Need help with combination of product and chain rule

1. Sep 13, 2006

Checkfate

I need help differentiating $$y=\sqrt{x-2}\sqrt{x+1}$$

I am using a mix of the chain rule and product rule which my textbook for school wants me to use for this. So suggestions for differant ways of approaching it won't help :P Anyways, thanks in advance for looking over it. It's my first attempt at posting in latex so lets hope it works!

For my work I have:

(dy)/(dx)=$$(x-2)^{1/2}\frac{d}{dx}(x+1)^{1/2}+(x+1)^{1/2}\frac{d}{dx}(x-2)^{1/2}$$

=$$(x-2)^{1/2}(\frac{1}{2})(x+1)^{-1/2}+(x+1)^{1/2}(\frac{1}{2})(x-2)^{-1/2}$$

And that is exactly what they have in my textbook, so thats good. But...

For the third part my textbook has

=$$(\frac{1}{2})(x+1)^{-1/2}(x-2)^{\frac{-1}{2}}(x-2+x+1)$$

This is the step that I am not understanding, it's simple algebra but I am still not quite getting it :( Can someone help?

Then the last step is

=$$\frac{2x-1}{2(x+1)^{1/2}(x-2)^{1/2}}$$ Which I somewhat understand, but not really.
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PS - For the third step I am getting

=$$(x-2)^{1/2}(\frac{1}{2})(x+1)^{-1/2}+(\frac{1}{2})(x+1)^{1/2}(x-2)^{-1/2}$$

Last edited: Sep 13, 2006
2. Sep 13, 2006

neutrino

For the third part, you're multiplying and dividing by $$(x+1)^{-1/2}(x-2)^{\frac{-1}{2}}$$. Try it. The fourth step is just writing the previous expression in a neat way (Remember, $$x^{-n} = \frac{1}{x^n}$$).

Btw, is it 3 or 2 that's in the first term? ;)

3. Sep 13, 2006

Checkfate

Fixed :). Now I gotta sit and think for a bit.

4. Sep 13, 2006

Checkfate

Aha! Finally I get it, simply set them up as 1/whatever^(1/2) then cross multiply to add :P Don't know why it didn't sink in immediately after I read your post but sometimes math is like that I guess. Thankyou Neutrino.

Anyways I have one more question for the day..

The Question is:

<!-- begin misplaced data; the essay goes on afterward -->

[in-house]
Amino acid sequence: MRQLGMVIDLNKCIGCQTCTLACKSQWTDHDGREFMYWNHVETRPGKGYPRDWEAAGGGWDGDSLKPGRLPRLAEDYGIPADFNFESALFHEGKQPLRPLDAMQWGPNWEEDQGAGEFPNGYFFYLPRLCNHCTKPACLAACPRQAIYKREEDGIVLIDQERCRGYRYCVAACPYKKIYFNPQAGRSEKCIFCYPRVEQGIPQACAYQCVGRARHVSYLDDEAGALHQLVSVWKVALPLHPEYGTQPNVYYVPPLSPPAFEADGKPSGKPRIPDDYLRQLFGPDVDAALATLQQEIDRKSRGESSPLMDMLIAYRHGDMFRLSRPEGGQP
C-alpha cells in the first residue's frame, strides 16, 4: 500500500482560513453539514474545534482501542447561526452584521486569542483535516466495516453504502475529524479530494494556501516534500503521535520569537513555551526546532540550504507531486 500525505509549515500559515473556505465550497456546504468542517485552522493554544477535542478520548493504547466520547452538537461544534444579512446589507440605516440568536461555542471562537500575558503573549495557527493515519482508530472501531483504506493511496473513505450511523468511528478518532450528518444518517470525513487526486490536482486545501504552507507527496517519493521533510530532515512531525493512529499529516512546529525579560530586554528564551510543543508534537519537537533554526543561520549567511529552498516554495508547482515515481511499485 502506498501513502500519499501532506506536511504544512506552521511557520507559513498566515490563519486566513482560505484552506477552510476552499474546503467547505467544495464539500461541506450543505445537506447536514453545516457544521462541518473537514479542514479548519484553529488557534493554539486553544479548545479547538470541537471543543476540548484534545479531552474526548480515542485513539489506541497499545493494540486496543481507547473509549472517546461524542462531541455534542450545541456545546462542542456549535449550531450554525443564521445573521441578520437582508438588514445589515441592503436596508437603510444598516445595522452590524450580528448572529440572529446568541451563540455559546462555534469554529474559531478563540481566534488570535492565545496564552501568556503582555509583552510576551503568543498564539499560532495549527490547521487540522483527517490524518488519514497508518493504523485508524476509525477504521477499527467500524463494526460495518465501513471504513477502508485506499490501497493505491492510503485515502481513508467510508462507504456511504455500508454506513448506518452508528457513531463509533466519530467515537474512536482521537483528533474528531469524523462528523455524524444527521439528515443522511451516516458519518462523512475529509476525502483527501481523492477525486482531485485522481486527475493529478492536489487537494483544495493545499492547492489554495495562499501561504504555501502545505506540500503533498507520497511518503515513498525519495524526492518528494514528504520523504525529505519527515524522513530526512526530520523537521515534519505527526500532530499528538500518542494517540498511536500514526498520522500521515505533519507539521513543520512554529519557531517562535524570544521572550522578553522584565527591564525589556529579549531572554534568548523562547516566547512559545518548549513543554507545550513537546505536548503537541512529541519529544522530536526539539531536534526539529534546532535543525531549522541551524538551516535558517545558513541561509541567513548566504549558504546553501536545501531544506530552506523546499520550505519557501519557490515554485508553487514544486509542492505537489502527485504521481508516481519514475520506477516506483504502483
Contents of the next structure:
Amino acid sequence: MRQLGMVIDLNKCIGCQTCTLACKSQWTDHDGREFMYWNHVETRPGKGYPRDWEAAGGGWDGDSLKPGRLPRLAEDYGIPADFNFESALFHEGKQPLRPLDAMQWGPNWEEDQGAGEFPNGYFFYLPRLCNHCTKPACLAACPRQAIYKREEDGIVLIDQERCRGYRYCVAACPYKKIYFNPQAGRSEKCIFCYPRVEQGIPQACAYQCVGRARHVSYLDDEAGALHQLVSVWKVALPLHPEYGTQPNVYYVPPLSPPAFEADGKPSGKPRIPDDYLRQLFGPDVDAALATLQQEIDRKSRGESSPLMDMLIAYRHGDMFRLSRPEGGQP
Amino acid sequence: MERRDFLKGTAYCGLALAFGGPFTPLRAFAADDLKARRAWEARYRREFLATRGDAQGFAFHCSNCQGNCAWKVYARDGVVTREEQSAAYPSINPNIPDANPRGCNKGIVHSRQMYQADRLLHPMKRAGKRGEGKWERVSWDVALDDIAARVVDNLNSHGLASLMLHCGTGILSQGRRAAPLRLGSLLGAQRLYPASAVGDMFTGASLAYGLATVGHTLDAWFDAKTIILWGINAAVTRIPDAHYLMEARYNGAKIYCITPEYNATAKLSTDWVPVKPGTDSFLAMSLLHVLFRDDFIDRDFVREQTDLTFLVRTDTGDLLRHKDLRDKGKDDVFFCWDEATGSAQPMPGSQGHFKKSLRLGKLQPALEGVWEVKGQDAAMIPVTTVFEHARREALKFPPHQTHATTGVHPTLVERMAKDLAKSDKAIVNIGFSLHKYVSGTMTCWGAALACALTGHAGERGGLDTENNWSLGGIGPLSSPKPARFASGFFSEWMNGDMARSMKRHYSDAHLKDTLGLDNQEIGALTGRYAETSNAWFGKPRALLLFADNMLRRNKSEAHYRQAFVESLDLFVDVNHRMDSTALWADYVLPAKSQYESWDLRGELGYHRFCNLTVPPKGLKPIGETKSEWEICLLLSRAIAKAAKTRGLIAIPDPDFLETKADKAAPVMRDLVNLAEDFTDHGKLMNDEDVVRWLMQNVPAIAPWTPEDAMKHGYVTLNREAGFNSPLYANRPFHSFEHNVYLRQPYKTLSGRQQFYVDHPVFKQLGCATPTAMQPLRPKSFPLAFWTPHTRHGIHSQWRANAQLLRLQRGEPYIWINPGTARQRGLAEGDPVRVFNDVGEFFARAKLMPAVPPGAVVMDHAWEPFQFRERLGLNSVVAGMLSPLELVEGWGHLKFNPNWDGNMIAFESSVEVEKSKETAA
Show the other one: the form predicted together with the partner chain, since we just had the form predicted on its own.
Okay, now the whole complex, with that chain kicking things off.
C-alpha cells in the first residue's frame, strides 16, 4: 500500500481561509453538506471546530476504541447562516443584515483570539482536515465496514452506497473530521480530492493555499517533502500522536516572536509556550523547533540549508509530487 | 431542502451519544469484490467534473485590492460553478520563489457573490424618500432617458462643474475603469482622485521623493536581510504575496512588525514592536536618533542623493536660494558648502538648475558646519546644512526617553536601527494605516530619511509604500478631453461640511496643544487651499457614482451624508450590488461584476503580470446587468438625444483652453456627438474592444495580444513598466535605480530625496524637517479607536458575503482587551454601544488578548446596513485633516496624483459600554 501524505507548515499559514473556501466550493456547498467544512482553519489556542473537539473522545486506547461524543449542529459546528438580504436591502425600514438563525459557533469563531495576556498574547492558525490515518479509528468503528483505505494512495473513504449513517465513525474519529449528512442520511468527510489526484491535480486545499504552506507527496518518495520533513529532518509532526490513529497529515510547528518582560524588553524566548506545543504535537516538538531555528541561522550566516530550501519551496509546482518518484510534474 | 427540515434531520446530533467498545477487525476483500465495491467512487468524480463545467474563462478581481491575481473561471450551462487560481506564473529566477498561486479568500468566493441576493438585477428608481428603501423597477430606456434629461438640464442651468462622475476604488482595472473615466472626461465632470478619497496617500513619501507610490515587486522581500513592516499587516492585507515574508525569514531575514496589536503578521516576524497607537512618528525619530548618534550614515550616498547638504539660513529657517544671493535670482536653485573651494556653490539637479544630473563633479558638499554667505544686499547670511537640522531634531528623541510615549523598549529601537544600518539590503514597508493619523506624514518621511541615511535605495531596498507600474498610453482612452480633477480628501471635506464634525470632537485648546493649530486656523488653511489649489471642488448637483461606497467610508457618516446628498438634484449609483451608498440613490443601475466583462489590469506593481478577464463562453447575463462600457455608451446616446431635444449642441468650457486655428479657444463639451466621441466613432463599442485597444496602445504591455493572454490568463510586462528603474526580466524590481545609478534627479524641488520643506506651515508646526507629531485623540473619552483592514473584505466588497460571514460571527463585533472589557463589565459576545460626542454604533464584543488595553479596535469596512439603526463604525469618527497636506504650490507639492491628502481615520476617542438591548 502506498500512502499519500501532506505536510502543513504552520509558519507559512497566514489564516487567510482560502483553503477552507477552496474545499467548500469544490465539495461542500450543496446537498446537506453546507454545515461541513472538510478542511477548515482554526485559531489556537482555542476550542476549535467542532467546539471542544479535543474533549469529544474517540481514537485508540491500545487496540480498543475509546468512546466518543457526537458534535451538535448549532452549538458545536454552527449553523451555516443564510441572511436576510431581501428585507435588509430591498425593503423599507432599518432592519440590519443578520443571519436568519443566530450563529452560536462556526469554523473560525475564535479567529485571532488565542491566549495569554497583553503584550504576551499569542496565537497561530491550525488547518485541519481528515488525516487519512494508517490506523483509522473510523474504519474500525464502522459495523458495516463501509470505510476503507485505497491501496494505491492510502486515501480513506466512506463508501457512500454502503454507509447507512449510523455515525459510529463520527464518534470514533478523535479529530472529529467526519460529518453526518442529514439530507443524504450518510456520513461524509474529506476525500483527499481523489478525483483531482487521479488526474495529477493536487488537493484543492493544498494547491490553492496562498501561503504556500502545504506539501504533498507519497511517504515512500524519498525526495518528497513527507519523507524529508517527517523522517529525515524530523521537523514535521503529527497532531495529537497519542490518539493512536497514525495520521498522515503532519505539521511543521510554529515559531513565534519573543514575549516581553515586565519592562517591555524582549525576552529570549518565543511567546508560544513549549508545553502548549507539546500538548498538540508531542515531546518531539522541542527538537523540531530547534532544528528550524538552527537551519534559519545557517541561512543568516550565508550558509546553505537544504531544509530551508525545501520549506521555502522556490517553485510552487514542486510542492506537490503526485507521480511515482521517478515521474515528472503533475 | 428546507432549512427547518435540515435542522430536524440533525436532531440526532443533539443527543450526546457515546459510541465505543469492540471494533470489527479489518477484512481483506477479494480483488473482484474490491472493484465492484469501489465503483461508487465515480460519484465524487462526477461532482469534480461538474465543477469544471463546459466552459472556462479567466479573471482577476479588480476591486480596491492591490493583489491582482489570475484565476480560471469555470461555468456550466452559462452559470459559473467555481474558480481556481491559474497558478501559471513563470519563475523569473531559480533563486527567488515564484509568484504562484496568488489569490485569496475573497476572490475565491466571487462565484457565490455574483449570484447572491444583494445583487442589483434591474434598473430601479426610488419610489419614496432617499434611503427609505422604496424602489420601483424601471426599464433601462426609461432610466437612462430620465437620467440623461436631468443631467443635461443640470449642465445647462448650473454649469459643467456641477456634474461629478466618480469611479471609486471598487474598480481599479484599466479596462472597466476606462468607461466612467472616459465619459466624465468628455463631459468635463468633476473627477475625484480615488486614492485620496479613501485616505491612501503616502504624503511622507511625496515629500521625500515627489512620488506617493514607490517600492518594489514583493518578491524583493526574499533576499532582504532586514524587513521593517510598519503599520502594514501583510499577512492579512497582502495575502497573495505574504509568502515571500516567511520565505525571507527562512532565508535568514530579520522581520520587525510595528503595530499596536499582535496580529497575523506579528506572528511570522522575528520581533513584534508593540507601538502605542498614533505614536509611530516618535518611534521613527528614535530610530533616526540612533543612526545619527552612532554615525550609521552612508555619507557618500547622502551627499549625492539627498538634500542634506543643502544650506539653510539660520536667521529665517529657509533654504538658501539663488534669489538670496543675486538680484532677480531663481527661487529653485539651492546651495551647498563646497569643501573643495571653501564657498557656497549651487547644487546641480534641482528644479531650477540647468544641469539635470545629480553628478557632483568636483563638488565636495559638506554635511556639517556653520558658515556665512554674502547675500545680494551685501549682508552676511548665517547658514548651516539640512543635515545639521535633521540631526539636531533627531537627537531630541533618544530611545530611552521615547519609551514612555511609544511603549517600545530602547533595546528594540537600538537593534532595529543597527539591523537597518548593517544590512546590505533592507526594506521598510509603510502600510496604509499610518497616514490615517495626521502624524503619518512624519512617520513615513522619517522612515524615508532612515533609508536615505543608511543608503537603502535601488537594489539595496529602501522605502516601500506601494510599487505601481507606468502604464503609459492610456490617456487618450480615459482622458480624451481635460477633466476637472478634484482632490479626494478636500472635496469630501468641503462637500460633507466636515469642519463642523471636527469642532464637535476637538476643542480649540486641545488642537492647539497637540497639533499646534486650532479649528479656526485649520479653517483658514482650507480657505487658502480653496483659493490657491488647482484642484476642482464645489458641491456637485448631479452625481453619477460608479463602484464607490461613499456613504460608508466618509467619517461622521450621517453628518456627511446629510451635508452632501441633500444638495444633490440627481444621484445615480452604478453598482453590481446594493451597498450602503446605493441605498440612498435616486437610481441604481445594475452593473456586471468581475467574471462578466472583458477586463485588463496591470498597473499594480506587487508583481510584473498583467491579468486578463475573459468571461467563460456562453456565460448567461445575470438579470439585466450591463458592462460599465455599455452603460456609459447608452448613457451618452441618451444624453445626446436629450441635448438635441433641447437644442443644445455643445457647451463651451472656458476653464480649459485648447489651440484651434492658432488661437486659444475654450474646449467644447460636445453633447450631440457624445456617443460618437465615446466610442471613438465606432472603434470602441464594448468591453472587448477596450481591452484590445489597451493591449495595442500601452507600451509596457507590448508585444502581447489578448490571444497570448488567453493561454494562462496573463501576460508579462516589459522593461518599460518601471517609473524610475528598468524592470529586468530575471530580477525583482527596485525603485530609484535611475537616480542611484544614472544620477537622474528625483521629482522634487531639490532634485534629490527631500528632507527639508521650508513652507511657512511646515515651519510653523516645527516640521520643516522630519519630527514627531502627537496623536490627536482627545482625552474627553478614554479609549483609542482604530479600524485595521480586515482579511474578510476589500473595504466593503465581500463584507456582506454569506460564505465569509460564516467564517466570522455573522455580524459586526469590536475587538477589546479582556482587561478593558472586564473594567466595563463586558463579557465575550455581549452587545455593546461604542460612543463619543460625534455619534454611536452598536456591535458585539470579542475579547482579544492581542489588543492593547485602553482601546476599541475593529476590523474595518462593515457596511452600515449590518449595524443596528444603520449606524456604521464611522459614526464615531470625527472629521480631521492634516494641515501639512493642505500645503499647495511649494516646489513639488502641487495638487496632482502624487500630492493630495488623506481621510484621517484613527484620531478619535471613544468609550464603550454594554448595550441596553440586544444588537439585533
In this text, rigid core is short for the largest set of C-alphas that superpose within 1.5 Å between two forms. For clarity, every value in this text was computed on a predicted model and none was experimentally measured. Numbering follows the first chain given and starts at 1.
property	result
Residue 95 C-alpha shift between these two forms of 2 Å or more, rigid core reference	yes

Differentiate y=$$\frac{3-x}{\sqrt{x^{2}-2x}}$$

So here I am practicing the quotient rule instead of the product rule... I could of course use the product rule on y=(3-x)(x^2-2x)^(-1) but that would mean that I don't learn how to use the quotient rule. :P

The quotient rule is, of course $$\frac {v\frac {du}{dx} - u \frac {dv}{dx}}{v^{2}}$$

Anyways, (this is an example problem by the way, not a homework question) For their first step they have:

(dy)/(dx)=$$\frac {\sqrt{x^{2}-2x} \frac {d}{dx}(3-x) - (3-x) \frac {d}{dx} (\sqrt{x^{2}-2x}}{x^{2}-2x}$$

I understand this. The derivative of y with respect to x is $$\sqrt{x^{2}-2x}$$ multiplied by the derivative of (3-x) (which is of course -1) minus (3-x) multiplied by the derivative of $$\sqrt{x^{2}-2x}$$ (which is (2x-2)) But then for their second step they have:

$$\frac {(x^{2}-2x)^{1/2}(-1)-(3-x)(\frac{1}{2})(x^{2}-2x)^{-1/2}(2x-2)}{(x^2-2x)}$$

I understand the first part on the numerator, (x^2-2x)^(1/2)(-1) since that is exactly what I stated should happen, the x^2-2x term is being multiplied by the derivitive of (3-x). But then the second part I don't quite understand... Why is (3-x) being multiplied by the derivative AND another form of the derivative? The power rule states that (x^2-2x)^(1/2) has a derivative of (1/2)(x^2-2x)^(-1/2) or the nx^(n-1)... I think this is being caused by me trying to grasp all the rules of the derivative in one day, right now it's like a mish mash of semi-remembered ideas. lol.

Last edited: Sep 13, 2006
5. Sep 13, 2006

neutrino

The chain rule.

Suppose $$t = \sqrt{x^2-2x}$$ and $$u = x^2 - 2x$$.
Therefore, $$t = u^\frac{1}{2}$$. Now, use the chain rule to differentiate t wrt x.

6. Sep 13, 2006

arildno

This is perhaps best handled by the logarithm rule.

7. Sep 13, 2006

Checkfate

Thanks

Thanks alot guys. Neutrino, much appreciated. I woke up today and read this thread and my mistake is much more obvious now. For some reason I was thinking that I was only using the power rule but of course the power rule is only for equations such as y=x^2 whereas the chain rule is for equations such as $$\sqrt {x-a}$$. Anyways, thanks!!